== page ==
American Thoughts on Australia Day & Acknowledgement of Country

Yesterday/today (the 26th of January; time is a weird thing when you’re straddling the dateline) is Australia Day, also known as Invasian Day–it’s a day of celebration akin to the drunken antics of Americans on the fourth of July for European Australians, “settlers,” and a day of mourning for Aboriginal Australian and Torres Strait Islander communities who see it as a day of invasion and subsequent struggle to survive. So basically, the partying of the Fourth of July mixed in with Thanksgiving–after all, the European Australians did much the same to the Aboriginal Australians and Torres Strait Islanders as Americans did to Native Americans.

White folks, we aren’t so great at respecting other cultures.

Survival Day is becoming a common reference instead of Australia Day, but it seems like a general preference is still to separate out BBQs and beer from remembering genocide. (Click image to enlarge.)

Survival Day is becoming a common reference instead of Australia Day, but it seems like a general preference is still to separate out BBQs and beer from remembering genocide. (Click image to enlarge.)

And the thing is, it’s not like the Indigenous Australians aren’t down with celebrating Australia–they are, after all, Australians, too. It’s just they’d really like it if perhaps the party could be held on not the same day that commemorates mass slaughter and attempts at cultural eradication that still go on today.

Anyhow, you should read this article over at Buzzfeed and watch the embedded video, below. But what I wanted to talk about was something that I saw people doing online: identifying the land they woke up in. This seems to be a variation on the Acknowledgement of Country that happens at a lot of official events, and it’s one where individuals, yesterday, were acknowledging the historic people of the land they live on:

This, I thought, was neat, and a way of showing respect to people who you yourself may not have harmed, but your ancestors did harm, by virtue of their participation in the forming of the place called Australia–or America.

I thought I’d compile my own list of the Native American lands I’ve lived on in my time floating across the United States; what I didn’t imagine was that it would take me several hours to track this information down. After all, I grew up attending Ohlone events in the San Francisco Bay Area, and doesn’t everyone know that the Duwamish were the historical peoples in the Greater Seattle area?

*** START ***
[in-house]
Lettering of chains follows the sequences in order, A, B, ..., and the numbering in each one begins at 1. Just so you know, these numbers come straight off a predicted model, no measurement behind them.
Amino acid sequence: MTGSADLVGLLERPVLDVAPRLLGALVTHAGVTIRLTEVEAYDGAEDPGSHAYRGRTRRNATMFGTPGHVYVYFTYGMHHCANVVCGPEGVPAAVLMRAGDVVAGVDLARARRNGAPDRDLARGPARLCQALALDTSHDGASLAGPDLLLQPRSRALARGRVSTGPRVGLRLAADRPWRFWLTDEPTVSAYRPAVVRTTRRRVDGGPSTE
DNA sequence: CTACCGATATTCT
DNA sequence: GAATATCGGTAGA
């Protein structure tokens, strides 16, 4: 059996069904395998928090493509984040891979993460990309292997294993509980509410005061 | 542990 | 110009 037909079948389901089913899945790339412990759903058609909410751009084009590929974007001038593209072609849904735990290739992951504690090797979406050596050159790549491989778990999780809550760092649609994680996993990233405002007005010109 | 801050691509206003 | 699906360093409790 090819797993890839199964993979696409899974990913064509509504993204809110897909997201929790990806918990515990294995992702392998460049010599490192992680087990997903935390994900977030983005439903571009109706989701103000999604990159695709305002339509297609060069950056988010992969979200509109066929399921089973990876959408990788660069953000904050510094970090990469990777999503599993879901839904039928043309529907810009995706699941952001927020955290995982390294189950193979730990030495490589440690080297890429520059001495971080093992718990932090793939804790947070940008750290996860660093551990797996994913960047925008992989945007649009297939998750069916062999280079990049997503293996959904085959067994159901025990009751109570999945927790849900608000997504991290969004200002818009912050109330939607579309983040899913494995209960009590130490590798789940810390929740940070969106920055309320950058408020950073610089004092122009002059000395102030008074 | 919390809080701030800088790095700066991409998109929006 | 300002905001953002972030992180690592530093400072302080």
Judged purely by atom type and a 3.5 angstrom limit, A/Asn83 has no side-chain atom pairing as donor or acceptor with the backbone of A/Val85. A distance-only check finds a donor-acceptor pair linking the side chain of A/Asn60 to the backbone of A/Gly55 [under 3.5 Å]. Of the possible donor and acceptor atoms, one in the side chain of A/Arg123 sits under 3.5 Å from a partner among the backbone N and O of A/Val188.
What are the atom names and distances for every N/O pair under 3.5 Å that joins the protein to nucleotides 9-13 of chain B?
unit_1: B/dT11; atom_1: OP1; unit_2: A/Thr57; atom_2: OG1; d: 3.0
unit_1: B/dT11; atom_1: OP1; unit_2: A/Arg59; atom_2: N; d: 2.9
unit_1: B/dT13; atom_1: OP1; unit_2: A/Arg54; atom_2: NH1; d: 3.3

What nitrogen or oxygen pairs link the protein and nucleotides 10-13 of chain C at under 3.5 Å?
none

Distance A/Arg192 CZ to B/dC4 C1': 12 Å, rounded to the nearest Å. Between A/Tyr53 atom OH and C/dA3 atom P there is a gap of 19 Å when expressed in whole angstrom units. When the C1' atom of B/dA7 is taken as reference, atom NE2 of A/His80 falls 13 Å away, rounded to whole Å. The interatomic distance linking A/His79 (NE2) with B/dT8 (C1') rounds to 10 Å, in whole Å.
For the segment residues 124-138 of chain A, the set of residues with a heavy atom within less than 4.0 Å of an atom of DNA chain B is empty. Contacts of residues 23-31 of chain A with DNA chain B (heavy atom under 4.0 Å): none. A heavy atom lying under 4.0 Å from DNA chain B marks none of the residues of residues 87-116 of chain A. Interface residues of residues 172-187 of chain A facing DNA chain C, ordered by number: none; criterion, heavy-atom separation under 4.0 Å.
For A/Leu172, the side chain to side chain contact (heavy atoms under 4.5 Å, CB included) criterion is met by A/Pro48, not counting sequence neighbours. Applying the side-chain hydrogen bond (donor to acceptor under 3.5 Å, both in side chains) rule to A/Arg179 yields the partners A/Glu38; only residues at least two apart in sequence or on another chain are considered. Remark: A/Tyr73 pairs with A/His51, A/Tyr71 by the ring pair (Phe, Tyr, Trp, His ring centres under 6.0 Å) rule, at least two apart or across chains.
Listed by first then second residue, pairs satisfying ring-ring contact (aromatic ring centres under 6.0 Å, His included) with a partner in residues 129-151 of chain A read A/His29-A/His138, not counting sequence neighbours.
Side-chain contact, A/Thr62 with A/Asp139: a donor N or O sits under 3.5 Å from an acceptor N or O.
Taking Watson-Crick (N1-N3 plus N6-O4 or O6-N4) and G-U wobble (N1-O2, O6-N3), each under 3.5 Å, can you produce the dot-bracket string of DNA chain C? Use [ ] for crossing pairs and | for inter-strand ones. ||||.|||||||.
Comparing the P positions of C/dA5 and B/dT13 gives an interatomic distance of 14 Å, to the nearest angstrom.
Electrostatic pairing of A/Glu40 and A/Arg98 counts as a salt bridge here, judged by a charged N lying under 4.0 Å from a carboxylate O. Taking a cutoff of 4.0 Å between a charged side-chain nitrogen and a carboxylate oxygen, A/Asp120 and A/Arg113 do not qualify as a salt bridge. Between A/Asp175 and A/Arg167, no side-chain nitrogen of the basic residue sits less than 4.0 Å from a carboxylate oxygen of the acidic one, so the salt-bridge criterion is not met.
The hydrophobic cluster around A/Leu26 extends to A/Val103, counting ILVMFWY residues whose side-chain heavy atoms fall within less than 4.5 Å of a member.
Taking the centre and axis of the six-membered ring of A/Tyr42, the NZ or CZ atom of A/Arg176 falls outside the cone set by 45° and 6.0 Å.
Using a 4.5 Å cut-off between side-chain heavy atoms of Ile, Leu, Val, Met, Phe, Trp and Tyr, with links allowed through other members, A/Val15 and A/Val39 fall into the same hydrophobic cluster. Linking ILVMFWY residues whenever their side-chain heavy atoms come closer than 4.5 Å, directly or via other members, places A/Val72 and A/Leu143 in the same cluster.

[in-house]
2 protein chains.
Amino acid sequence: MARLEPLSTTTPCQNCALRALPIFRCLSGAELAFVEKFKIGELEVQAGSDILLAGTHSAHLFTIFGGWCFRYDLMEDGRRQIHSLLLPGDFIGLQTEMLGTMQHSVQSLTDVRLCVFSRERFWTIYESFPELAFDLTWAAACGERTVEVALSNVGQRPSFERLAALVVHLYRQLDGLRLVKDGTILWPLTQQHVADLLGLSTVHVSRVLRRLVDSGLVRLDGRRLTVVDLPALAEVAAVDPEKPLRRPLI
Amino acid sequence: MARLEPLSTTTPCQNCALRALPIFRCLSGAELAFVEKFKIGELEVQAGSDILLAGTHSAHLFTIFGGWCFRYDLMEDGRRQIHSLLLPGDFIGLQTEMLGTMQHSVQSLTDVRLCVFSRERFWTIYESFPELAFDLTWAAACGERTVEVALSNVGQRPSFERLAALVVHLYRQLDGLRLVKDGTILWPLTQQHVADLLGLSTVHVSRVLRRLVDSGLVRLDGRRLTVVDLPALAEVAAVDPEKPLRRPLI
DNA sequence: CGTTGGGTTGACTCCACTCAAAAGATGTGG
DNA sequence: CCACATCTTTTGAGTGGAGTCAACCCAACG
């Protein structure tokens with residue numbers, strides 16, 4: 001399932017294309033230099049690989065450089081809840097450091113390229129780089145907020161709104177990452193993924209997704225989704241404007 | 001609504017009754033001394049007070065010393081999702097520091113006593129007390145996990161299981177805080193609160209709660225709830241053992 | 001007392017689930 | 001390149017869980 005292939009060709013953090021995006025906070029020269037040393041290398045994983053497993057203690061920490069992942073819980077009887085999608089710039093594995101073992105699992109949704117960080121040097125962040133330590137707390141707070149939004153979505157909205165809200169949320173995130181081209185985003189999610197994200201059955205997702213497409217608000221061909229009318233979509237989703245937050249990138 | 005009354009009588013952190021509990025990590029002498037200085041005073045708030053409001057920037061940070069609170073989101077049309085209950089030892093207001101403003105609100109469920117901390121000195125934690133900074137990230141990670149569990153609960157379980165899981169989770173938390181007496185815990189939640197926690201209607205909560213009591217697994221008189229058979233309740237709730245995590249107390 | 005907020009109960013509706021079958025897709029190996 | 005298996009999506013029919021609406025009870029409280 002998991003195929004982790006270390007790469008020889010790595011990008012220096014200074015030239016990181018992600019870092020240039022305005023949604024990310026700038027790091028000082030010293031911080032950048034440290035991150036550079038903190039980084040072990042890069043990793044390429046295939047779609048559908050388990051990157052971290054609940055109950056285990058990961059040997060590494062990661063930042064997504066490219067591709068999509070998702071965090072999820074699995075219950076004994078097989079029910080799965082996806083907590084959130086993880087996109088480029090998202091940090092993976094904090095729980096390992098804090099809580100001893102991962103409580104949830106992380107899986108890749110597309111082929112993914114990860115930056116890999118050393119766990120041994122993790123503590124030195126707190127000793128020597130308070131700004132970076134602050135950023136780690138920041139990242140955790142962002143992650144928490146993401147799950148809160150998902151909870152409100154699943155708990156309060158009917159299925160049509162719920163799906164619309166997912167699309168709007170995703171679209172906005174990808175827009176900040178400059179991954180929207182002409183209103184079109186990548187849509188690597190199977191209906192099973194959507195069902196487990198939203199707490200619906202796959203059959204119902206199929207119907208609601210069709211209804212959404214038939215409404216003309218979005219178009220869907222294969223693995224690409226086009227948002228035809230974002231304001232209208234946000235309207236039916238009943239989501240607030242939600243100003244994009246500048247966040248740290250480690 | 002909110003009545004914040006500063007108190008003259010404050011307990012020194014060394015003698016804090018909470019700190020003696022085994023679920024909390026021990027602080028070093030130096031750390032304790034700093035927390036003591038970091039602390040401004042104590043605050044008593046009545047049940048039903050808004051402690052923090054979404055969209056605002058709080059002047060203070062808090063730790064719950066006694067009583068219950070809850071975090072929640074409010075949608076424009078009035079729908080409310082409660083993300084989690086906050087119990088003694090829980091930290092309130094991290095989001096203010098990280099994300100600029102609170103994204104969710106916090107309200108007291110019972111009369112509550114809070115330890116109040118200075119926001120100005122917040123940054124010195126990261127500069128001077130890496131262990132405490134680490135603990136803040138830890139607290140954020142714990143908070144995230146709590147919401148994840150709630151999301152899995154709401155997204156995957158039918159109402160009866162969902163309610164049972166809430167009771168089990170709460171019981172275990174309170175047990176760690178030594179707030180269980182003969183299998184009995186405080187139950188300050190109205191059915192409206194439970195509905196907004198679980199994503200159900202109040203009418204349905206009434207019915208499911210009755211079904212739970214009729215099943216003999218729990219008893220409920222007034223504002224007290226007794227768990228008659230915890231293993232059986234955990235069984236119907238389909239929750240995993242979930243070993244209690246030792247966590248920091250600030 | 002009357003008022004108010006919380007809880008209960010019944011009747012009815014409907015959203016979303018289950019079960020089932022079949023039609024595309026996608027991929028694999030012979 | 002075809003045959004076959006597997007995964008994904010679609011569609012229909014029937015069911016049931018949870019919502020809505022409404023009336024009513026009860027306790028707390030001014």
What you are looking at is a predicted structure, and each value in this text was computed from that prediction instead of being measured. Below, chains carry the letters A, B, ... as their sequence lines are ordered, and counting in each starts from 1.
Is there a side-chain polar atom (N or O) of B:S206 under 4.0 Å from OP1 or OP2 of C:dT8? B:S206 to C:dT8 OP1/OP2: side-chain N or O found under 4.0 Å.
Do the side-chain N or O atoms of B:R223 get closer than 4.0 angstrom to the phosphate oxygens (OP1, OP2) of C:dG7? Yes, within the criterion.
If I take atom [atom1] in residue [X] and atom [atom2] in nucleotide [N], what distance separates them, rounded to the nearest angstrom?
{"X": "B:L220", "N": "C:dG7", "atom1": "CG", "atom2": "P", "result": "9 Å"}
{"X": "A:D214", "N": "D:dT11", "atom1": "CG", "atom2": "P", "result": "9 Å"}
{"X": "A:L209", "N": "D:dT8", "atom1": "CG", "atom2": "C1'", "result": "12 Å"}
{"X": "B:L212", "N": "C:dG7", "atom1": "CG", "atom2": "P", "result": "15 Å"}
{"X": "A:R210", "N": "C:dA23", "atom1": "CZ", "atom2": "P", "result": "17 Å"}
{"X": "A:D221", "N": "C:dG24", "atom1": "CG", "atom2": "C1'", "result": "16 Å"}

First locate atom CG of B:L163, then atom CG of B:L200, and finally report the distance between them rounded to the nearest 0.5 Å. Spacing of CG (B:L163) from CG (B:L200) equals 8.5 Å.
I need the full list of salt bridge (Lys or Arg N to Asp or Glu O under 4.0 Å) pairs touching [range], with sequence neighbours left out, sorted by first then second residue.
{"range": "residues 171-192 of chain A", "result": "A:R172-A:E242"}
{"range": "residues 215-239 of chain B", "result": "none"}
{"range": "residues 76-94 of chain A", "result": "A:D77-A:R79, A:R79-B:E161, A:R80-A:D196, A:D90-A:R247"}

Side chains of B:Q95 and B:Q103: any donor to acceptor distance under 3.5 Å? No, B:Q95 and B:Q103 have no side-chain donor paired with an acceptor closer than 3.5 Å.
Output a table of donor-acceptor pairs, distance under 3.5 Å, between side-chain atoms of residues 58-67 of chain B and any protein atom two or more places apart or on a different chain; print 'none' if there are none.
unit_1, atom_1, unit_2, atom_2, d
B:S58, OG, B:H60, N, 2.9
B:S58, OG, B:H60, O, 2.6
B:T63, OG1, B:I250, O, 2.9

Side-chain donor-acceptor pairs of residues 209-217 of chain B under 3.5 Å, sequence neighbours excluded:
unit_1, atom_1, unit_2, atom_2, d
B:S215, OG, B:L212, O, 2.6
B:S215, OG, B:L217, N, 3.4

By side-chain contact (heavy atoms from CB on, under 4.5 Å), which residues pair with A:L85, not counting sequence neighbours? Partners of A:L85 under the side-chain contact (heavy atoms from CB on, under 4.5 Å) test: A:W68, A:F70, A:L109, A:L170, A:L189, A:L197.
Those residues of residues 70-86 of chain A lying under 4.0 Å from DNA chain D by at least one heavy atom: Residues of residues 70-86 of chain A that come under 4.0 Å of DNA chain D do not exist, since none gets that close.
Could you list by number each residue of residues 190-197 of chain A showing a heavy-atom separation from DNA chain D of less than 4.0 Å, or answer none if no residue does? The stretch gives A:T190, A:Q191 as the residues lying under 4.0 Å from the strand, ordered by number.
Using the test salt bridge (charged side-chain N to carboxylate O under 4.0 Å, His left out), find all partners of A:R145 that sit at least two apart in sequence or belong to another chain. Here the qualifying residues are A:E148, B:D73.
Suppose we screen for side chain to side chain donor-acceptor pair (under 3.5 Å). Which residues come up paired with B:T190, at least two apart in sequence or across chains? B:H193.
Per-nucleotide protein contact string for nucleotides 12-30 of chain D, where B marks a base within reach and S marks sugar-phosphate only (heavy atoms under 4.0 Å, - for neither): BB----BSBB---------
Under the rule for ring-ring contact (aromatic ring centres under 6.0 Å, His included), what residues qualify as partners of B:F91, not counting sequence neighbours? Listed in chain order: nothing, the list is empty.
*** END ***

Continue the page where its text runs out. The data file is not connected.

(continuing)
Except that the Ohlone, formerly the Costanoans, didn’t view themselves as a single “Indian tribe” but a loose group of about 50 distinct landholding tribes or bands who shared a similar language, religion, and culture but saw themselves as distinct. They, like many other Native peoples, were squished together into readily identified tribal groups by the United States government during its long period of sucking, and trying to find out the specifics of the folks who lived in a specific area rather than the region (so I coul answer the equivalent of “Philadelphia” instead of “the mid-Atlanic”) proved…frustrating. A lot of this is because by the time anyone in America had the idea that maybe they should record this information, the people were dying or dead; many of the last speakers of languages, the last of their group, tribe, people, were dying in the late 1800s to 1920s, and American society was set on eradication of tribal groups. The disappearance of this knowledge was just fine with most.

So it is with some struggle and uncertainty that I can say I have lived on the lands of the following people:
The Muwekema Ohlone (Alson, Seunen, Luecha, and Puichon)
The Numa, Washeshu and Newe People
The Kalapuyan Peoples (Chelamela and Tualatin)
The Multnomah People
The Duwamish Tribe (Skagit-Nisqually/Lushootseed)
The Iroquois League/Haudenosaunee (Mohawk Nation)

And this morning, I woke up on Lenni Lenape (Unami dialect) land.

I don’t really have anything quippy to say here in finish. I think that the way we–Americans and Australians–handle our commemoration of events is painfully white and alienating, that we casually erase history with no thought to the pain it causes people who call that history their own. I think that it’s a shame we have to repeatedly have conversations about whether or not it’s a problem to have sportsball teams named after racist slurs, that we set up parties on days of massacres, that we celebrate the slaughter of millions with mattress sales and BBQs, and that we can’t get it around our heads to treat the other folks we live with, folks of colour, with the respect we want for ourselves every day.